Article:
These piping and control details are “complementary” to the operating characteristics of the pellet-fueled boiler and the distribution system. They allow heated water to supply the load while the pellet-fired boiler is warming up. At times, they also allow a small zone to be supplied from the buffer tank without having to fire the pellet-fueled boiler. The distribution system can accept heat from either boiler, or both boilers operating simultaneously when necessary, with no compromise in comfort.
How much storage? Opinions vary on how much water-based thermal storage is required in systems with pellet-fired boilers.
Some manufacturers make a broad claim that, because their boilers modulate, no thermal storage is required. Given that short cycling has been observed with mod/con boilers having 5:1 or higher turndown ratios (versus the more limited 3:1 turndown ratio of most pellet-fired boilers), this claim seems dubious, especially for highly zoned systems. Extensive pellet boiler testing at Brookhaven Laboratories also has shown a marked reduction in cycling when thermal storage is included in the system.
However, one could argue that a large heated floor slab provides immense thermal mass, even when compared to several-hundred gallons of water. I would agree. We recently made this comparison for a 6,000-square-foot heated concrete slab that was 8 inches thick. That slab has more than 60 times the thermal mass of the 210-gallon thermal storage tank being considered for the project.
This issue will surely be studied in more detail. In the meantime, I suggest designers provide between 1 and 2 gallons of water-based thermal storage per 1,000 Btu/h of rated output capacity, for both pellet- and chip-fired boilers.
The upper end of this sizing range (2 gallons per 1,000 Btu/h) is appropriate when the system has several independently controlled zones of low-mass heat emitters and/or the boiler has limited or no modulation ability.
The lower end of the sizing range (1 gallon per 1,000 Btu/h) is appropriate when the system uses high thermal mass heat emitters and only one or two zones.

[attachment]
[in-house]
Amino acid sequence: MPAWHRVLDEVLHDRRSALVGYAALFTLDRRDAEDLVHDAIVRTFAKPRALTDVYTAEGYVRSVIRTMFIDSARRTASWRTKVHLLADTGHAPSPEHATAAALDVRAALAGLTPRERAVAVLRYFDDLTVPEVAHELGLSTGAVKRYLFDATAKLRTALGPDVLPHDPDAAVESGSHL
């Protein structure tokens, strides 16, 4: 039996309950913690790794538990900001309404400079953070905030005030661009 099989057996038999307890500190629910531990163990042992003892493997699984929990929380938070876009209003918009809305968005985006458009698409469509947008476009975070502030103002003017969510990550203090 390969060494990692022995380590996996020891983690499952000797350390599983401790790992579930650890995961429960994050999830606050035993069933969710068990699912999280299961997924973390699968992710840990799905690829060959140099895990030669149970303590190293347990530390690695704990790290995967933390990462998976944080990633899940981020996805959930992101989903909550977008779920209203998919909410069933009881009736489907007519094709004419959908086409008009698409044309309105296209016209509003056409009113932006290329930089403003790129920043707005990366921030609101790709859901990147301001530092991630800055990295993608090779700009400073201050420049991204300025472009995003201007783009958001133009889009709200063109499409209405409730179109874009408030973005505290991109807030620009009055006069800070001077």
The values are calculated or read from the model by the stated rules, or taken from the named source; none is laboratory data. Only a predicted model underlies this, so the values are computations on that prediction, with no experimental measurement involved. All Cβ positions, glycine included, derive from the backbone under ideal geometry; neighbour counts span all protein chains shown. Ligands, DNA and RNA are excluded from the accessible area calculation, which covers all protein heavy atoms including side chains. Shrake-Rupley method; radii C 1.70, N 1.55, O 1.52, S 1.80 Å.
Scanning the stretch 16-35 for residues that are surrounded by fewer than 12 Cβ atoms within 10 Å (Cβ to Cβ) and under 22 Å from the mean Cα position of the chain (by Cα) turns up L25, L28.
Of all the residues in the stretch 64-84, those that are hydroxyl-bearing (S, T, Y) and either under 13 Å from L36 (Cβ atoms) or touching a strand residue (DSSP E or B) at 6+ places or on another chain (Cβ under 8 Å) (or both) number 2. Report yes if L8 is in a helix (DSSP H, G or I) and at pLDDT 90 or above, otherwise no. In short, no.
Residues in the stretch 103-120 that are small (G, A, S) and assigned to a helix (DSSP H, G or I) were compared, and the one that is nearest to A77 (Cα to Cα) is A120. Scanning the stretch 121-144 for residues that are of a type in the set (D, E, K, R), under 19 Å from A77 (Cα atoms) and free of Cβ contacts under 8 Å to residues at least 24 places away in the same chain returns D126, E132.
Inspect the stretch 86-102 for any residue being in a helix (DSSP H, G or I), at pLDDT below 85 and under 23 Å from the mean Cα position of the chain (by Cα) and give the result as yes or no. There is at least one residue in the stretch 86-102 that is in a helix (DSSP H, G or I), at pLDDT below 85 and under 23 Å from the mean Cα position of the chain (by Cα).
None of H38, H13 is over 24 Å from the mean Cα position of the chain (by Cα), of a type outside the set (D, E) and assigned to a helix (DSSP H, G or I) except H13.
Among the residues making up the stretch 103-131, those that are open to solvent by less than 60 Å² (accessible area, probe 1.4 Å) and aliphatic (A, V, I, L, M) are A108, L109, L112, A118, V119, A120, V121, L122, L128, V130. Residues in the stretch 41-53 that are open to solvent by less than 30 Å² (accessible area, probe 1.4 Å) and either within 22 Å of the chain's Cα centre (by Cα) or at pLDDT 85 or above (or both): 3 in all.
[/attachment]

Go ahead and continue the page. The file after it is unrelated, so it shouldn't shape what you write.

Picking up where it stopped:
In all cases, be sure the thermal storage tank is very well insulated. I suggest a minimum of R-24 (ºF•hr•ft2/Btu) insulation on all surfaces.
Piping details matter: Getting optimal performance from a thermal storage tank supplied from a pellet-fired boiler requires more than just calculating the tank’s volume and selecting a readily available product of the required volume. A tank with the wrong piping connections will not stratify properly. This reduces the usefulness heat available from the tank.
I’ve witnessed this in several systems involving tanks that cost several thousands of dollars. One example is shown in Figure 2.
The piping seen in the lower right of this photo carries the flow returning from the heating distribution system in a large institutional building into the tank. It passes under the tank and enters vertically into the bottom-center connection. This creates a vertical flow jet within the tank that essentially destroys desirable temperature stratification. This has been verified through system monitoring. This sub-optimal performance is both unfortunate and avoidable.
Figure 3 shows a well-stratified thermal storage tank, as well as a tank with strong internal mixing currents.
Designers should avoid piping that creates any type of vertical flow jet within thermal storage tanks. Instead, piping connections should allow gentle horizontal flow at all entry locations. Hot water should enter and leave from the upper portion of the tank. Cooler water should enter and leave from the lower portion of the tank.
The use of a properly sized and piped thermal storage tank is essential in achieving peak performance from pellet-fired boilers. Modern hydronics technology provides a “media,” which can be cleverly manipulated to accommodate and even complement the unique operating characteristic of these boilers.